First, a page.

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December 31. 2012 3:53PM

Towns ask residents to help firefighters keep hydrants clear of snow

DOVER – Area firefighters ask residents to lend a hand digging out thousands of hydrants that can hinder efforts during emergencies.

As snow removal crews plow the streets and clear sidewalks, Assistant Fire Chief James Ormond said it is up to Dover firefighters to dig out the city’s 1,156 fire hydrants before the snow freezes in place.

“The last three days we’ve sent out crews,” Ormond said Monday, adding it would help if residents could dig out nearby hydrants, especially if one is near their homes.

Ormond said this does not have to be an extensive excavation, nor should it take very long if neighbors help each other out. All firefighters need, Ormond said, is a small path from the road to the hydrant.

Being prepared saves critical minutes running hoses from a hydrant and that can save lives, Ormond said.

While daytime temperatures are predicted to remain around 20 degrees, it is expected to drop to 5 degrees tonight and near 1 degree Wednesday evening, according to a forecast by the National Weather Service.

In Rochester, Assistant Fire Chief Mark Dupuis said off-duty firefighter have been called in during the past to help dig out hydrants when the city’s water department crews fall behind, which is especially common when heavy snow falls in back-to-back storms.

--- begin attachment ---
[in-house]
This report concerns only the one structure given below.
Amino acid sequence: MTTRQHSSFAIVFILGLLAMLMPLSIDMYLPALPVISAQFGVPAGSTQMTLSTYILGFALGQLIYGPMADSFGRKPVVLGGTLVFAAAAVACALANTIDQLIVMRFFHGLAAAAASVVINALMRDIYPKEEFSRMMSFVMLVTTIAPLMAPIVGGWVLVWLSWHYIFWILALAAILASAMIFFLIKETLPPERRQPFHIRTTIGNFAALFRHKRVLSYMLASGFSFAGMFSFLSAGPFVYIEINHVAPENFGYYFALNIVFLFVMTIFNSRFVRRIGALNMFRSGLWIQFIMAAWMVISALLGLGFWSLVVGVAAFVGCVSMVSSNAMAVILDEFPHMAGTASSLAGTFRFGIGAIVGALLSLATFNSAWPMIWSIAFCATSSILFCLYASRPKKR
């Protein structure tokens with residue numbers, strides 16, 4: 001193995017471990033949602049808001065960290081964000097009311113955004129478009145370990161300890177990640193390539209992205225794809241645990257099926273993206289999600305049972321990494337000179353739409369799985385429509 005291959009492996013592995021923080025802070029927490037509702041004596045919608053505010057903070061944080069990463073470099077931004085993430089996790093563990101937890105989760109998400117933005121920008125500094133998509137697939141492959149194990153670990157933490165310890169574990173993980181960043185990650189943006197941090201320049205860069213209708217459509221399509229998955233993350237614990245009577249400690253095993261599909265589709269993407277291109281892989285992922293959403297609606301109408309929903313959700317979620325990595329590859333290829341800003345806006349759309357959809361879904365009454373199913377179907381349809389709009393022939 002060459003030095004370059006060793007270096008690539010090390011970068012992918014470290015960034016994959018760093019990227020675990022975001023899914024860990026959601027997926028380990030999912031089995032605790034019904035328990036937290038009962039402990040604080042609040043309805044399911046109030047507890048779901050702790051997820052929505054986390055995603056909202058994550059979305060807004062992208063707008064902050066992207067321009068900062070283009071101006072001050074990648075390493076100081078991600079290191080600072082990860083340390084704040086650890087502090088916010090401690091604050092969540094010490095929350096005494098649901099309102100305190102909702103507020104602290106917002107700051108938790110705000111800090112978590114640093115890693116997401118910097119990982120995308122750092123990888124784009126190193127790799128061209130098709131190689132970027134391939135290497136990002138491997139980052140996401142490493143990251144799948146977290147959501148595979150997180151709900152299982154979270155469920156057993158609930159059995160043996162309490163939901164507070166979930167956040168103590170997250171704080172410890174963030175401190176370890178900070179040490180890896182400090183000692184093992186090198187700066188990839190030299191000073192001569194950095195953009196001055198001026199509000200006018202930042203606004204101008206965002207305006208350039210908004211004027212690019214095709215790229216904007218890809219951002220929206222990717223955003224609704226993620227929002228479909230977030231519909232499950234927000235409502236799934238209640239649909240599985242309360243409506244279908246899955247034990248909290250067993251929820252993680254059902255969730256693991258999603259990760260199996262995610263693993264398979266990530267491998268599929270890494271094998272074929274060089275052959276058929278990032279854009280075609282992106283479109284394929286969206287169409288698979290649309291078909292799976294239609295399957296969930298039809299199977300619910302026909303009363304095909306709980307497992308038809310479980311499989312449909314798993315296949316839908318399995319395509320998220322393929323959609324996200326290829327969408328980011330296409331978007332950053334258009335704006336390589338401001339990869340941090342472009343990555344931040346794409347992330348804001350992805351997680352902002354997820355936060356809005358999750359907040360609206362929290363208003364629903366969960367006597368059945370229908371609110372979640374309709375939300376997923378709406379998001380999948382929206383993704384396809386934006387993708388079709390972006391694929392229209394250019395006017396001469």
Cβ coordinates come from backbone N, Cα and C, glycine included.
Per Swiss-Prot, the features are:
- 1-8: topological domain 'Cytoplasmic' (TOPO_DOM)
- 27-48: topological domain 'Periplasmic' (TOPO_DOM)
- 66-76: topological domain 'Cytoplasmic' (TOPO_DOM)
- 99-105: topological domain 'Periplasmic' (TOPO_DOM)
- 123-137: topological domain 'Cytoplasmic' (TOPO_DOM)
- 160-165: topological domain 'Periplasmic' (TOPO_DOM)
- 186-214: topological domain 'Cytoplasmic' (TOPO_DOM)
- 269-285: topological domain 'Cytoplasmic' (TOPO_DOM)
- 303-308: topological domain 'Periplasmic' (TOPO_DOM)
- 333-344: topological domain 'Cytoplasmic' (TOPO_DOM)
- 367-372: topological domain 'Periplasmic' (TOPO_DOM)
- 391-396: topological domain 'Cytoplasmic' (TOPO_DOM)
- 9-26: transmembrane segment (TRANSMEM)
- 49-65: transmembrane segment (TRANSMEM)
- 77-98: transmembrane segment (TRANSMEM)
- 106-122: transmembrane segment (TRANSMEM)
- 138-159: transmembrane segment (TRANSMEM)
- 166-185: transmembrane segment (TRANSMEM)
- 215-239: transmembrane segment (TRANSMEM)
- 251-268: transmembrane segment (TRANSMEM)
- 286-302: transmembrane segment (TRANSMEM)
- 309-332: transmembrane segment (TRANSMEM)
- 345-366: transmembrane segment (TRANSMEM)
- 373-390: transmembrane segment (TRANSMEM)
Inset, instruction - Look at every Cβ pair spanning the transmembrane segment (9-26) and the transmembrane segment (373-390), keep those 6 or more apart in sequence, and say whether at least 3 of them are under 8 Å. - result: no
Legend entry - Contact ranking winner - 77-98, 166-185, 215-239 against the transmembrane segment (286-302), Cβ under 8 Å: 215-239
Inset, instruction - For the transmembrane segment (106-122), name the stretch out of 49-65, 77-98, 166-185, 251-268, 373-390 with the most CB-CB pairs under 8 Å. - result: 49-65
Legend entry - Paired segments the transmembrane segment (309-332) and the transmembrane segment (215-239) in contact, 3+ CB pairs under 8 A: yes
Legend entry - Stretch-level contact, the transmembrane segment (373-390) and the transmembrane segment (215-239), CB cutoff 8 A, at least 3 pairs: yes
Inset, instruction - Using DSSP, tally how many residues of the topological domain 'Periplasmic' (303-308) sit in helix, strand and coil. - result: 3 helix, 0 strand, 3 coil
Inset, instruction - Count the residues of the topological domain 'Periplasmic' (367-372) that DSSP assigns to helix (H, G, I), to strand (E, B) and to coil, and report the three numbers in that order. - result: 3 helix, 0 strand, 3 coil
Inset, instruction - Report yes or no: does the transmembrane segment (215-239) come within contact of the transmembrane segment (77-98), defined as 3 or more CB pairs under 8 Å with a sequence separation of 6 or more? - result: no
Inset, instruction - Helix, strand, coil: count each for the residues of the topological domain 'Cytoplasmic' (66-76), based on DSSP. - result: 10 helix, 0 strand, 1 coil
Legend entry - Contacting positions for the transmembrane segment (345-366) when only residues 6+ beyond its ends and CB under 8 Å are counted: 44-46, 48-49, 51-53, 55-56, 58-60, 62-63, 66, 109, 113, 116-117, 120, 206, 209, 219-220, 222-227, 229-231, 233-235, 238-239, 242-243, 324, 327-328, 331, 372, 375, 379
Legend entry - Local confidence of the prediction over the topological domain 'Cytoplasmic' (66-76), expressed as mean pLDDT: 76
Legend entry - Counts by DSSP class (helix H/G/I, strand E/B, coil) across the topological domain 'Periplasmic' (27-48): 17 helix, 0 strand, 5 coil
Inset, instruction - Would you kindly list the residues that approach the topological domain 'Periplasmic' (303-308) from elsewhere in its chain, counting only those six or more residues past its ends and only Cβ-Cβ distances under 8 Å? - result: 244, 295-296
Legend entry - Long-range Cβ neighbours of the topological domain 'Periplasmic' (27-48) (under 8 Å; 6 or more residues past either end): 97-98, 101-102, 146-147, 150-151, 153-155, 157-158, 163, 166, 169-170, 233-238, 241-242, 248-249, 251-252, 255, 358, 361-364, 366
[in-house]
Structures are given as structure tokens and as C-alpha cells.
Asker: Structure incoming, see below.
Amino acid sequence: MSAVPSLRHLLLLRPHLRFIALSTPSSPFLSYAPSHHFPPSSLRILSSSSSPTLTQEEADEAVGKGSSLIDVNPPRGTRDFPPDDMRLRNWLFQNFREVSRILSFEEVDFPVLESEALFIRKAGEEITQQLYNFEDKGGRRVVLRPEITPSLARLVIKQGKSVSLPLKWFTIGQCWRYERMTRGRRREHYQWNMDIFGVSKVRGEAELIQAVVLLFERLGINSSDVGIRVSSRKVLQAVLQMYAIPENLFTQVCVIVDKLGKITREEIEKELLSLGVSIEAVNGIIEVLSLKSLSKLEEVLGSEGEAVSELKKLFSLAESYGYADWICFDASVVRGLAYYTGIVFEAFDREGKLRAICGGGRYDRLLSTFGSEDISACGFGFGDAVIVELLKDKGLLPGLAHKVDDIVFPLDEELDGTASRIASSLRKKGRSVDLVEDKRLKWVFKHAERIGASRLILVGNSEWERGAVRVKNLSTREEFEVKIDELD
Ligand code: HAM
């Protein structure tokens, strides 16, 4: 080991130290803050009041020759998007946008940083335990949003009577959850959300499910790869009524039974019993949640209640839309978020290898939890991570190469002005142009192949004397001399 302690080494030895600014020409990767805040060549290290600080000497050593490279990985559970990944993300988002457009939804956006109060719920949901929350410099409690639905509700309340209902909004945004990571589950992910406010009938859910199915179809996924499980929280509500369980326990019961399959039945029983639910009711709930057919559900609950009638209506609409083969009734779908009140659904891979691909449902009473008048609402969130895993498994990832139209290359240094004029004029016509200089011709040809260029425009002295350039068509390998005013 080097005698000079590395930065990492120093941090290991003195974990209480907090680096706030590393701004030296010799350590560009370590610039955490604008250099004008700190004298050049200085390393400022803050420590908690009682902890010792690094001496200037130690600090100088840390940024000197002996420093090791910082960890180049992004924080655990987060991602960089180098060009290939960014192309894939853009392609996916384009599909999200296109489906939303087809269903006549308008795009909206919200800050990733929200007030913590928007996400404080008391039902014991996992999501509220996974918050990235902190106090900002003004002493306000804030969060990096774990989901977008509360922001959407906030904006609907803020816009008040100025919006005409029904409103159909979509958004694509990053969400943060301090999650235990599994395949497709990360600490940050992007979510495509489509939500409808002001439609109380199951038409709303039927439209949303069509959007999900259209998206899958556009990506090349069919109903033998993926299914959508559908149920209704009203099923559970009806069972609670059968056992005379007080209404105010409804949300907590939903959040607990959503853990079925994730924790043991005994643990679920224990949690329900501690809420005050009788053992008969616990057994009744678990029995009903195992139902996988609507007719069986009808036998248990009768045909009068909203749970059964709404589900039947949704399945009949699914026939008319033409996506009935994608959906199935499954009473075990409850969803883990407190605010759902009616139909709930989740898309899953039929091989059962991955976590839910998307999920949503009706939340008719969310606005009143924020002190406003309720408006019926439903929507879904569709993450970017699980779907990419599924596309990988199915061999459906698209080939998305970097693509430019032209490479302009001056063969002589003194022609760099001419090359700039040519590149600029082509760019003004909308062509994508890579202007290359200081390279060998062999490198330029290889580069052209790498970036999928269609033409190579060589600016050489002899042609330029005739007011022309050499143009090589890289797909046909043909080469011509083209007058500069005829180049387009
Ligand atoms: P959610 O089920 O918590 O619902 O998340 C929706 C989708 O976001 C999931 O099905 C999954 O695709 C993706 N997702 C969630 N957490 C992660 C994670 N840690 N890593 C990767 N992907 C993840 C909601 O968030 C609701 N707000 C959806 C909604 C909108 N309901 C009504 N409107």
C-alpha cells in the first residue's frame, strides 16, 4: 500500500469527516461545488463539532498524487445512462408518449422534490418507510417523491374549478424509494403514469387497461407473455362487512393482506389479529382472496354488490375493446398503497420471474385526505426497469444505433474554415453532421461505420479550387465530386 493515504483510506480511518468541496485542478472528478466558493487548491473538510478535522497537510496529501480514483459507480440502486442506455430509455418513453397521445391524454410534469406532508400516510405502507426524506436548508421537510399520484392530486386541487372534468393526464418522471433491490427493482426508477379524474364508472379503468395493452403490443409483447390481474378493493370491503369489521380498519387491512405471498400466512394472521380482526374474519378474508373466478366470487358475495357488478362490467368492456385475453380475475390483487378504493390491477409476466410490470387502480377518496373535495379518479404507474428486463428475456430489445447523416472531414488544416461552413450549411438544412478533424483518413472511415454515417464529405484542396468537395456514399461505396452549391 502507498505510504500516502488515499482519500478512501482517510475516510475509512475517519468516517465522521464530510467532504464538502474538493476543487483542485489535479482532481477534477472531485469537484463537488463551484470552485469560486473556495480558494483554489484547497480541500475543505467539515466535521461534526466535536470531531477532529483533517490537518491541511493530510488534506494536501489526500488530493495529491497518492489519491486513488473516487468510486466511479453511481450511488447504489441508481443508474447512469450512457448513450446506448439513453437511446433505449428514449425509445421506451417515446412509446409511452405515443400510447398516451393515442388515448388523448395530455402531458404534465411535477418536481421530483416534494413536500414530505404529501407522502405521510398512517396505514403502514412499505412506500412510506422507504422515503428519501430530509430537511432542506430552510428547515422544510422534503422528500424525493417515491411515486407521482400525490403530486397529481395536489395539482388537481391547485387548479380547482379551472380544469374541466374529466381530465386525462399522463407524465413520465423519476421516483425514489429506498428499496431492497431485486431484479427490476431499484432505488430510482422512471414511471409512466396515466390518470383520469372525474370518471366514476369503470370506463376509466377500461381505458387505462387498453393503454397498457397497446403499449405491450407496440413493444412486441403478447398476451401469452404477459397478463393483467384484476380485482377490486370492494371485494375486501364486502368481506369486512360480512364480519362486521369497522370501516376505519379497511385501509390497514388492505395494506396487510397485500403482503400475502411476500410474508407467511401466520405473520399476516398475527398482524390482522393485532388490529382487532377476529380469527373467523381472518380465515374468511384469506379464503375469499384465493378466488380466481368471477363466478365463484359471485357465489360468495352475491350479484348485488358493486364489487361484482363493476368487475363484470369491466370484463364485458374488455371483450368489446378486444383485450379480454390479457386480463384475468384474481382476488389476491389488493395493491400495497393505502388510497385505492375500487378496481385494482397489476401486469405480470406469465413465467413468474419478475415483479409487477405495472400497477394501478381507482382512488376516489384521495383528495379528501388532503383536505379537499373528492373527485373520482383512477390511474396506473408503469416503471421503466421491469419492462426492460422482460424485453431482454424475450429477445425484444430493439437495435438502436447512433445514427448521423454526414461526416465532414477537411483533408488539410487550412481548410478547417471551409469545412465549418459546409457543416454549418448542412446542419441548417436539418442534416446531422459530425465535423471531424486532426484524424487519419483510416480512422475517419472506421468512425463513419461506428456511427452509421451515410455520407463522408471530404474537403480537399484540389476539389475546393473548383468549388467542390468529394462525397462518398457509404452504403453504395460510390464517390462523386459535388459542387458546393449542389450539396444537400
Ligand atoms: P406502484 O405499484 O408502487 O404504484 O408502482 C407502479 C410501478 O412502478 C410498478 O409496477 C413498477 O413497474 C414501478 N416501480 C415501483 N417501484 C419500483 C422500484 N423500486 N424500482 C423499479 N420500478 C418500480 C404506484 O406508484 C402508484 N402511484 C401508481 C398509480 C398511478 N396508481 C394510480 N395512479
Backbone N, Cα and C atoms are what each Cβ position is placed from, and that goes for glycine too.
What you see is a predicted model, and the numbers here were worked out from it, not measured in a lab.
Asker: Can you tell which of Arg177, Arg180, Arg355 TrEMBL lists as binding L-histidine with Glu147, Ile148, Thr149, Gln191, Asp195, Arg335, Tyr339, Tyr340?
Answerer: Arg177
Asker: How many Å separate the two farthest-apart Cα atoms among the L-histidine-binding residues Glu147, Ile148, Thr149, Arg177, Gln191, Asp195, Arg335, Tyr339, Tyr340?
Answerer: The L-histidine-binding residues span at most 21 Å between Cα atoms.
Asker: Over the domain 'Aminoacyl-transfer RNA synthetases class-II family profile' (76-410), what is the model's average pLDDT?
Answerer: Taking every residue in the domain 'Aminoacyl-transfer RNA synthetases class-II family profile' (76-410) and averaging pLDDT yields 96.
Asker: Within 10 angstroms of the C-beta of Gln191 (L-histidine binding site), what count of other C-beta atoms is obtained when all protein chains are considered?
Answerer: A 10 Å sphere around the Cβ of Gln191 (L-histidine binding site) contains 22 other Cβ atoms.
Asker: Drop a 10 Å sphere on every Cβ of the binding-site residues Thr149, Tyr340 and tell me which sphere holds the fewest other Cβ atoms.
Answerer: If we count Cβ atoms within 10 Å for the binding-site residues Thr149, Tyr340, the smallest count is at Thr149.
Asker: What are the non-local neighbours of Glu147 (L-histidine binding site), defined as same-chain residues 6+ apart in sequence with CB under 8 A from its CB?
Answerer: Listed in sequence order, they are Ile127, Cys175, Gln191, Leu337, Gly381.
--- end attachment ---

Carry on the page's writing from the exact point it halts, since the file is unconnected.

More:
As a result, Dupuis said it’s in resident’s best interest to help if they can.

“It’s an insurance policy for yourself,” Dupuis said, adding it can take five minutes for firefighters to dig out a hydrant when the snow is soft, but a backhoe has had to be used after heavy snow freezes in place.

To ensure they have enough water to extinguish fires, Dupuis said Rochester firefighters deploy tankers or engines with increased capacity during storms or before hydrants are cleared.

There are about 1,100 hydrants in the city, according to Rochester’s Public Works Department.

Somersworth Fire Lt. Sean Houle said the city used to pay a company $40,000 to dig out hydrants the day after a storm, but the task now falls onto firefighters due to budget cutbacks.

While the company could complete the task in about a day, he added it takes firefighters about a week.

“We’d appreciate any help we can get,” Houle said, adding firefighters will be digging out hydrants Monday afternoon.

There are about 475 hydrants in Somersworth, according to Public Works Director Tom Willis.

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